The Kaliningrad Oblast: Baltic Sea Fortress

Dominik P. Jankowski
Political Adviser/Head of the Political Section
Permanent Delegation of Poland to NATO

Over the last years, the Kaliningrad Oblast became a true fortress in the Baltic Sea region. To achieve this status Moscow set two major objectives of its policy towards the oblast. First, to further tighten its control over the region and its links to mainland Russia in the political, social, and economic dimension. Second, to step up efforts to modernise and expand the Russian military potential. Both goals were largely achieved which led to an increased economic and social isolation of the Kaliningrad Oblast in the wider Baltic Sea region.

The Russian Armed Forces stationing in the Kaliningrad Oblast have undergone a substantial expansion and reorganisation, contributing to a visible increase in the offensive capabilities deployed there. On the one hand, the goal was to ensure that the forces are capable of conducting and maintaining offensive ground operations in the theatre. On the other, in a potential conflict scenario with NATO, the forces in the Kaliningrad Oblast would maintain pressure on Allied assets deployed in the Baltic Sea region.

The modernisation and reorganisation efforts have led to four crucial changes in the military dimension of the Kaliningrad Oblast. First, the Russian Armed Forces expanded their military infrastructure, including the Chkalovsk air base and the nuclear weapons depots. The Chkalovsk air base is now one of the largest military airfields in Russia, capable of handling almost all categories of aircraft, including heavy transport planes. Second, the Russian Armed Forces increased the presence of the military personnel in the oblast. Russia started to expand its air and land components, focusing first of all on the formation of the offensive units. This included the re-activation of a tank regiment and a fighter aviation division. As assessed by Konrad Muzyka from Rochan Consulting, Russia now fields in the Kaliningrad Oblast a self-sufficient fighting force that can conduct medium intensity combat operations along two axes of advance. Third, the Russian Armed Forces concentrated on further technological upgrades. This included a permanent deployment of the Iskander missile systems, expansion of the coastal defence Bastion missile systems, deployment of additional fighter aircraft, helicopters, tanks and warships. Fourth, the Russian Armed Forces increased their training activities in the Kaliningrad Oblast, including drills with offensive scenarios such as Zapad-2017 and Zapad-2021. The most frequently repeated elements of the military exercises included: countering the enemy’s means of air attack (aircraft and missiles); striking targets deep behind enemy lines; countering groupings of naval units; distorting the enemy’s command and communications systems.

Moreover, the notion of an anti-access/area denial (A2/AD) “bubble” was often repeated in the context of the Russian military potential in the Kaliningrad Oblast. In fact, Russia’s potential to create “keep-out zones” or A2/AD “bubbles” in its near abroad has more broadly become a growing source of concern. In practical terms, in a land-grab operation, it is feared, Russia could keep help from reaching the victim in time by cordoning off the area of operations with a combination of long-range sensors and missiles. The Russian invasion on Ukraine in 2022 has demonstrated that Russia’s “A2/AD bubble” is smaller than often thought, not impenetrable, and probably even burstable. In the context of the Kaliningrad Oblast, it means that the prospects for defending or resupplying the Baltic States in a crisis or war are, in fact, not as bleak as is often claimed.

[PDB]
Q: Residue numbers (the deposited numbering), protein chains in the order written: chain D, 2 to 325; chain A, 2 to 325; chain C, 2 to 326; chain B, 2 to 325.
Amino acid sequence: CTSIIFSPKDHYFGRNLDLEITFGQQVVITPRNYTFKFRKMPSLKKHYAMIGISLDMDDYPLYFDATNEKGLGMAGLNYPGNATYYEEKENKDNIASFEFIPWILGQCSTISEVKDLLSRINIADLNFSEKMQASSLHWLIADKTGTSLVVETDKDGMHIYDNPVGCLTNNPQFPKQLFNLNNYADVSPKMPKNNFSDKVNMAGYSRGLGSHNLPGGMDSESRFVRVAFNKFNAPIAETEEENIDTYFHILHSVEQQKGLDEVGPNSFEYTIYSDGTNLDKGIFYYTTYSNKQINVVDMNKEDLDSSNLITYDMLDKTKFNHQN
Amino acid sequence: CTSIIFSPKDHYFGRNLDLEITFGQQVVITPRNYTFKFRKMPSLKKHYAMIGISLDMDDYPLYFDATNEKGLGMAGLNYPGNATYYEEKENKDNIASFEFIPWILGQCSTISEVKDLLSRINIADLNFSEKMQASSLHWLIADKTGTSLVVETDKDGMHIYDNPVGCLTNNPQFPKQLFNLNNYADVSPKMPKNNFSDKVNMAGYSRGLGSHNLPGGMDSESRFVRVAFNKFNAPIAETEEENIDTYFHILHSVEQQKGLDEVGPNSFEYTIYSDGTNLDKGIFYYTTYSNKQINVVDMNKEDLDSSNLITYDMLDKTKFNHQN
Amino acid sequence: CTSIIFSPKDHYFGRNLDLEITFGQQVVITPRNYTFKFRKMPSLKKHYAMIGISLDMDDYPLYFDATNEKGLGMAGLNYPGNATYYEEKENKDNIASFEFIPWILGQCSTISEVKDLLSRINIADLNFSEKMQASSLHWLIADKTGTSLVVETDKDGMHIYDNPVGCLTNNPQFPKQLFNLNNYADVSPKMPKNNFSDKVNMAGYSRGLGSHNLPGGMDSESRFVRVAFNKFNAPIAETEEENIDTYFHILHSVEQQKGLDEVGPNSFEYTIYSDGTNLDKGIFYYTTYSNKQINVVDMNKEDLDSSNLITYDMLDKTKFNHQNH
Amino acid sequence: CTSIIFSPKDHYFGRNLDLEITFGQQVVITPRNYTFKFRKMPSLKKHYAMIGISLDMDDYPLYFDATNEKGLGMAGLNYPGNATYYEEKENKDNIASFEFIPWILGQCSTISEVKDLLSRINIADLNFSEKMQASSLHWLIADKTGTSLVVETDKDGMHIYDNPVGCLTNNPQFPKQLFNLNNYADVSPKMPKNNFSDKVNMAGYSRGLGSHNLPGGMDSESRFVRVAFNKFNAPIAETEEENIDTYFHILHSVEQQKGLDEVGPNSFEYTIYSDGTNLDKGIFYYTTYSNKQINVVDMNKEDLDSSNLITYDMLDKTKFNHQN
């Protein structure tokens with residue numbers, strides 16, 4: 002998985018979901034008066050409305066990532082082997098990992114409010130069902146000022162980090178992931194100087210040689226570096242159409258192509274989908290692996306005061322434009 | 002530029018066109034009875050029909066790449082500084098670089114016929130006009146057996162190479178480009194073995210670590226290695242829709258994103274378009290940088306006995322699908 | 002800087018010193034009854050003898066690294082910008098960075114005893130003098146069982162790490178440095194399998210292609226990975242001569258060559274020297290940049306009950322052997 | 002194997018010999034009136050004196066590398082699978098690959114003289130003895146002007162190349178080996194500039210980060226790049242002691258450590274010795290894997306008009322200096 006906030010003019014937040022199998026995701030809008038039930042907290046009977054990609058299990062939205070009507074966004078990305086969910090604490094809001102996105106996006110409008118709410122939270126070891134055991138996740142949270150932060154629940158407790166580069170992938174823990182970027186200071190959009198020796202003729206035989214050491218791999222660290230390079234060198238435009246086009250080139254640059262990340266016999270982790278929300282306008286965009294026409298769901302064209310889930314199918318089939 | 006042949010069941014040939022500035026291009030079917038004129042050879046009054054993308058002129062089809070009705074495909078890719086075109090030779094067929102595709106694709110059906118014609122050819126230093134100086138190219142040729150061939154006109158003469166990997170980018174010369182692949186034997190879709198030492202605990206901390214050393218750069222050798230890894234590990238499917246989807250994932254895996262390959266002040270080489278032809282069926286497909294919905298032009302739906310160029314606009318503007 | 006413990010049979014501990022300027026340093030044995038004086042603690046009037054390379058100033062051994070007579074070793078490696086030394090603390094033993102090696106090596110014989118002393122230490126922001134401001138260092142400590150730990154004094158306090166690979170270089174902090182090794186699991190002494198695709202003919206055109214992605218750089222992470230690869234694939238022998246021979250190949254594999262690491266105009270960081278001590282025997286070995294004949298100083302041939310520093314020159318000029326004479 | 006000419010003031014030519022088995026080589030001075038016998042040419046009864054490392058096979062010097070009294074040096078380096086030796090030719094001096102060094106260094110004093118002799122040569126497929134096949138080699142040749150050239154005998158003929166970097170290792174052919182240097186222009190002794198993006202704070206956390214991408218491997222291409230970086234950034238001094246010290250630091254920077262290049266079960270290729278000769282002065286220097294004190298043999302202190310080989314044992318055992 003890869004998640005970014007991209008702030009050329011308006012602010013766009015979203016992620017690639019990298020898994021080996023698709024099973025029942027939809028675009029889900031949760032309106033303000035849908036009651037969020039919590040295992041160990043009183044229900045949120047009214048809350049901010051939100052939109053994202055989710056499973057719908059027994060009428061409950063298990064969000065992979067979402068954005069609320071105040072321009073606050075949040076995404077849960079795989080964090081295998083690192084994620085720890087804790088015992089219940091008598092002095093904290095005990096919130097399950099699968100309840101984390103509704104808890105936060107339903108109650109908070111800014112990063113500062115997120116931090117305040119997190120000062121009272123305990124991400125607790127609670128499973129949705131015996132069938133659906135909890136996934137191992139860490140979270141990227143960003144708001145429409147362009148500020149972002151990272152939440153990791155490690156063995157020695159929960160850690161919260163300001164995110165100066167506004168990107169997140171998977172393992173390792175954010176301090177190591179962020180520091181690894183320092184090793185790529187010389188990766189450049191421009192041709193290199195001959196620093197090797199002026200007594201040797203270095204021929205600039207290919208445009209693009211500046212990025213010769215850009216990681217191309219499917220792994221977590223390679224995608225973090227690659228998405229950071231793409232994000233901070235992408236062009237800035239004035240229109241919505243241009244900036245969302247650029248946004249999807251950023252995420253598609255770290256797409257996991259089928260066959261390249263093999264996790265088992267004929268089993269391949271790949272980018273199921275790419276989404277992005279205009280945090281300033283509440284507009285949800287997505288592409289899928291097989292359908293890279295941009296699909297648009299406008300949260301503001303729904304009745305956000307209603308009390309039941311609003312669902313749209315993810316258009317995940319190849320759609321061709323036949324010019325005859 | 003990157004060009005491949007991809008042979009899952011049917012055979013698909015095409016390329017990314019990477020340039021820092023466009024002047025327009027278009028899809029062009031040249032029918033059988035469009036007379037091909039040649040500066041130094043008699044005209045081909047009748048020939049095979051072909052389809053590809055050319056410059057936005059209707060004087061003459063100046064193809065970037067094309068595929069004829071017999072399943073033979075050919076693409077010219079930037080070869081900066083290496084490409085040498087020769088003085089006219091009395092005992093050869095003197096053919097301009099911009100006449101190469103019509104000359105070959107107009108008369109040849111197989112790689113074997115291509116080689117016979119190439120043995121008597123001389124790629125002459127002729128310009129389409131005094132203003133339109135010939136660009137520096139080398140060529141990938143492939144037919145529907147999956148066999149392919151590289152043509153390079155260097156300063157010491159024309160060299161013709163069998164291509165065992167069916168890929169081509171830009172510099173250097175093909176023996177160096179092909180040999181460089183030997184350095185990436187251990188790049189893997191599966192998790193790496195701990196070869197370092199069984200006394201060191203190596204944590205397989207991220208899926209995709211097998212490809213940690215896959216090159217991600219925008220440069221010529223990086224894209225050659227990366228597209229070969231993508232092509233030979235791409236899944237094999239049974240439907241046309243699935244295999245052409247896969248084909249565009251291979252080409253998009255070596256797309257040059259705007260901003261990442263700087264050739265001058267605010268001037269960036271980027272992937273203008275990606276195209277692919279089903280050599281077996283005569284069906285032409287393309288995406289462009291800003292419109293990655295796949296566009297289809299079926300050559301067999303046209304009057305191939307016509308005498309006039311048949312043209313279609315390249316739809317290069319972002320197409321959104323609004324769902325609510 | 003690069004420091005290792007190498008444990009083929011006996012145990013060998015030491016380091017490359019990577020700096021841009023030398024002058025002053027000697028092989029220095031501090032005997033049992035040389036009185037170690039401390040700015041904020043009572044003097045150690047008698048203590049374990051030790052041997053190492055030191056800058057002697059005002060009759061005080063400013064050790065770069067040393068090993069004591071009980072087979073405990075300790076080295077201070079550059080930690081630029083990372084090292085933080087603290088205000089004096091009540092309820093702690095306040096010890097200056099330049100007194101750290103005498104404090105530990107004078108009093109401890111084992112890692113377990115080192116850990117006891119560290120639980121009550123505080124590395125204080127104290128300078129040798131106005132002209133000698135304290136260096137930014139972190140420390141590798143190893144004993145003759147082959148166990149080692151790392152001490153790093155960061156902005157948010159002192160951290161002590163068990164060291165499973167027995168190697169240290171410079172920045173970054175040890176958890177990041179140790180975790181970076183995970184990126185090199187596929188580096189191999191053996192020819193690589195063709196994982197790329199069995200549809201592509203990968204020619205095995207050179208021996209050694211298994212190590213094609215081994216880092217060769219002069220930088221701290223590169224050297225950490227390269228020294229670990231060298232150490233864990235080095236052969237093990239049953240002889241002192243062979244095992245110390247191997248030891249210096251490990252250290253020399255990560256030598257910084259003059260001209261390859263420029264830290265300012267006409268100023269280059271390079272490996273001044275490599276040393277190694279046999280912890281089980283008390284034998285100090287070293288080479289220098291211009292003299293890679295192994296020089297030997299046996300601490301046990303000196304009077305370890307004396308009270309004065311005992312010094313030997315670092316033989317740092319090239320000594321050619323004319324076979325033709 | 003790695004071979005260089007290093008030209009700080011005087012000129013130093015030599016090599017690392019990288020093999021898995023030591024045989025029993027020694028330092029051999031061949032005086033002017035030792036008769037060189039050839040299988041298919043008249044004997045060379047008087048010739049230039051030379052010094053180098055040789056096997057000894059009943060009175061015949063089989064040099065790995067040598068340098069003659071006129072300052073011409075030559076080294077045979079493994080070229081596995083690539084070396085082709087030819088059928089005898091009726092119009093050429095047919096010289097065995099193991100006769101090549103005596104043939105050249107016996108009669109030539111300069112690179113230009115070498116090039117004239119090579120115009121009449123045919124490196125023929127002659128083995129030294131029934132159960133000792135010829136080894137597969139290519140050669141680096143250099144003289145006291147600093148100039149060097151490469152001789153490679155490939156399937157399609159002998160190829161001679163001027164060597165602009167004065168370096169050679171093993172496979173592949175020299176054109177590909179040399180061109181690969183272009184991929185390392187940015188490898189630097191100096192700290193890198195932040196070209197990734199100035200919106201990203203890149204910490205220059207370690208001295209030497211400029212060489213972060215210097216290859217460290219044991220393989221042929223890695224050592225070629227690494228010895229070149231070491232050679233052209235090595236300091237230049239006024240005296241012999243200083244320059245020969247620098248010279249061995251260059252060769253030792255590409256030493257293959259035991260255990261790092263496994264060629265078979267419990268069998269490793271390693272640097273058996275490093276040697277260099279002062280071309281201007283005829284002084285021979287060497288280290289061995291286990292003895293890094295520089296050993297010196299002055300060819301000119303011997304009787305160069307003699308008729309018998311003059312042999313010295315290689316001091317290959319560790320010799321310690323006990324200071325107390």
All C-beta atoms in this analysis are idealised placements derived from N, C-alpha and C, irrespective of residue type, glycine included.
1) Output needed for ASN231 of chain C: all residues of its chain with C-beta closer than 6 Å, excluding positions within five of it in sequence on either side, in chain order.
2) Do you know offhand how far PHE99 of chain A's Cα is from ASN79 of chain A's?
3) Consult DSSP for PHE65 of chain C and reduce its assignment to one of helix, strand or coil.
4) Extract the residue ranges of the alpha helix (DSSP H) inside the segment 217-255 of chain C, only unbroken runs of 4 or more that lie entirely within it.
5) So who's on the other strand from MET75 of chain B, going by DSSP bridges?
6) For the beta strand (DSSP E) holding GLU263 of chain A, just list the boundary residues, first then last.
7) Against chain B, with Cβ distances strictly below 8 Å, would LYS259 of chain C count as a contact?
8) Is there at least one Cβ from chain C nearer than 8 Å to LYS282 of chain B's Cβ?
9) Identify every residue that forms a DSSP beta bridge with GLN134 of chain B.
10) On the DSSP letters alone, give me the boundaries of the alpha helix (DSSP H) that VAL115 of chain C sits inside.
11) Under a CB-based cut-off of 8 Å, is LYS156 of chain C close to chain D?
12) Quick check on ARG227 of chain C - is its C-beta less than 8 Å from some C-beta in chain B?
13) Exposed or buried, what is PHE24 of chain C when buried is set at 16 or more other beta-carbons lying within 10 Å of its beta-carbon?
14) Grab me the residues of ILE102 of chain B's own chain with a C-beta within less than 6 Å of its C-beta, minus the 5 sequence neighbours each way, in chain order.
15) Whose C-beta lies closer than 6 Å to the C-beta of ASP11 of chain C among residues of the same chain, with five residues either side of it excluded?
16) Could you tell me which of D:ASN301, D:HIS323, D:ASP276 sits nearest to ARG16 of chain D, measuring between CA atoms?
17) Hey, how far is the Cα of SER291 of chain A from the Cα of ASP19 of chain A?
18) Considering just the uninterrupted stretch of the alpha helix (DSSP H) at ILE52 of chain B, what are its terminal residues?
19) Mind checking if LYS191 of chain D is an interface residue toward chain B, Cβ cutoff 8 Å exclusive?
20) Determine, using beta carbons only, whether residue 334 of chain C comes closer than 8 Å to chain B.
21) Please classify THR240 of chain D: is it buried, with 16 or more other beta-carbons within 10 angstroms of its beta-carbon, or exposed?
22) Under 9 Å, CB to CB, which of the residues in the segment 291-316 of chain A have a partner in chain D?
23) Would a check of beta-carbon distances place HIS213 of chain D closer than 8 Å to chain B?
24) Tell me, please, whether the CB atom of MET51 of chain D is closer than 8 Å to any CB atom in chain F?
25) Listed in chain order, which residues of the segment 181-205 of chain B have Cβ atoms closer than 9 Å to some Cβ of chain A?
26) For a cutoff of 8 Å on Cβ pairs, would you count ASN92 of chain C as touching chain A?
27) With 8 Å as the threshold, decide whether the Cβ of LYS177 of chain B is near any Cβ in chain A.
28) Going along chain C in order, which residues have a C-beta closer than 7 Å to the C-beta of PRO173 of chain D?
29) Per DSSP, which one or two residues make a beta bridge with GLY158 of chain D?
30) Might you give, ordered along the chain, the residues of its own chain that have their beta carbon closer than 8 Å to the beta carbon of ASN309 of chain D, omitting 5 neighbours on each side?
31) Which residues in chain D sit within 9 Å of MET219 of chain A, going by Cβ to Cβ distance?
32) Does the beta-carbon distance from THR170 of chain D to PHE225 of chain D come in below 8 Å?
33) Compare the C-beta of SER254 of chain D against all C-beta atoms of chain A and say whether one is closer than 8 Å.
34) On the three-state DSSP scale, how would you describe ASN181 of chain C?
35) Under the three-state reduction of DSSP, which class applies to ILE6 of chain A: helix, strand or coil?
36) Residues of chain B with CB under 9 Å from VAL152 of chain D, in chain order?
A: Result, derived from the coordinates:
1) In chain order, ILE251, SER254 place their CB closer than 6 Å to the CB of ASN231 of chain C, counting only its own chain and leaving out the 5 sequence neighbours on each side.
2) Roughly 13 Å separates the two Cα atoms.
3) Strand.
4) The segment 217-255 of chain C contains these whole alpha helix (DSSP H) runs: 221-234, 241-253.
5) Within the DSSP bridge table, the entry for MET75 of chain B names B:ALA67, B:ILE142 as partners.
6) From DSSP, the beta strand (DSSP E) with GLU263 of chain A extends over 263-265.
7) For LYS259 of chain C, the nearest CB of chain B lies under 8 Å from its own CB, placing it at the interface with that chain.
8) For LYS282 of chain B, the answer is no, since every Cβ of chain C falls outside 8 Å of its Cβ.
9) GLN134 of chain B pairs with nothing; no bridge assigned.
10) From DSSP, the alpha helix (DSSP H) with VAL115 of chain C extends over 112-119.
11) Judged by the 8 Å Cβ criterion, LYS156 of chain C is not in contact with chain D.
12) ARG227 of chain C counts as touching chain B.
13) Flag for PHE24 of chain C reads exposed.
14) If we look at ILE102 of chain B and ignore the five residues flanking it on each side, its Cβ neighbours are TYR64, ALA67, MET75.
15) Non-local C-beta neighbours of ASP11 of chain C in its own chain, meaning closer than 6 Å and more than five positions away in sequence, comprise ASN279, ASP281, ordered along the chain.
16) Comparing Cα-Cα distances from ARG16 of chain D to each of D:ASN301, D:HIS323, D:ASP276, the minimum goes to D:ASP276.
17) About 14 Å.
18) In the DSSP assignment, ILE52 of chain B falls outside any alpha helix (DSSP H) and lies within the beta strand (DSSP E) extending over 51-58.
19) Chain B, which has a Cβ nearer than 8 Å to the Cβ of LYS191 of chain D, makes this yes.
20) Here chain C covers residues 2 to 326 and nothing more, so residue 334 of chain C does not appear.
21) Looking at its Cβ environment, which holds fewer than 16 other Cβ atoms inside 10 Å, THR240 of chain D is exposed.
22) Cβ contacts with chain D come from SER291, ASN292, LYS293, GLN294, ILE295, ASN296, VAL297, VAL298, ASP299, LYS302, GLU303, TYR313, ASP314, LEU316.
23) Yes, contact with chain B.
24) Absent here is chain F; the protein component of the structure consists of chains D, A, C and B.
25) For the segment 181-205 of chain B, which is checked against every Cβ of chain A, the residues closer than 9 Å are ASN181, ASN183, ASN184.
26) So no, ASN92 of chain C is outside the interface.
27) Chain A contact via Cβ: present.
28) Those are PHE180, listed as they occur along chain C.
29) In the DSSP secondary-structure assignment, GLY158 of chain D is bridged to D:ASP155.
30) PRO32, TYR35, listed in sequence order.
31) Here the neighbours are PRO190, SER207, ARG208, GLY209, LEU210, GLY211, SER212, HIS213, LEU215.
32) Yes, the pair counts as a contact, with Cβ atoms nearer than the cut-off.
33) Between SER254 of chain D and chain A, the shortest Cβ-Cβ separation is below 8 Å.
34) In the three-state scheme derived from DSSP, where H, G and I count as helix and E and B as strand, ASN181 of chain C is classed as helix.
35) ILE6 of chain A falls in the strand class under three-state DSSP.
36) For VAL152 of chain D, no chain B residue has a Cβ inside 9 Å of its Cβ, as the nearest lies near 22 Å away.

At the same time, one should not forget that the Russian military capabilities in the Kaliningrad Oblast remain just a fraction of the full Russian military potential in the Western Military District. Out of all the military districts, Russia’s Western Military District fields the most robust, most numerous, and most capable fighting forces. Strengthening the western operational direction has been the priority for Moscow. As underlined by Konrad Muzyka, units stationed in the Western Military District are capable of conducting military operations across the entire spectrum of warfare, from low-level peacekeeping missions to high-tempo manoeuvre operations supported by long-range air-launched and ground-based missile strikes. At any time, these can be supported by a threat to employ nuclear weapons in order to showcase Russian determination and resolve.

The long-term consequences of the Russian invasion on Ukraine will have a direct impact on both the Western Military District and the importance of the Kaliningrad Oblast in a wider Russian military strategy. Two strategic changes are already very probable. First, at the NATO Summit in Madrid in June 2022 Allies will decide about further enhancing NATO’s military presence on its eastern flank. This will include the upgrade of the existing enhanced forward presence battlegroups and additional Allied deployments, including permanent ones. Second, Finland and Sweden will most probably join NATO in 2022. Both elements will constitute a game changer for the Baltic Sea region security. Russia will have to factor this into its new military strategy towards the region.

Disclaimer: All opinions expressed are those of the author and do not necessarily represent the position or views of the institution he represents.

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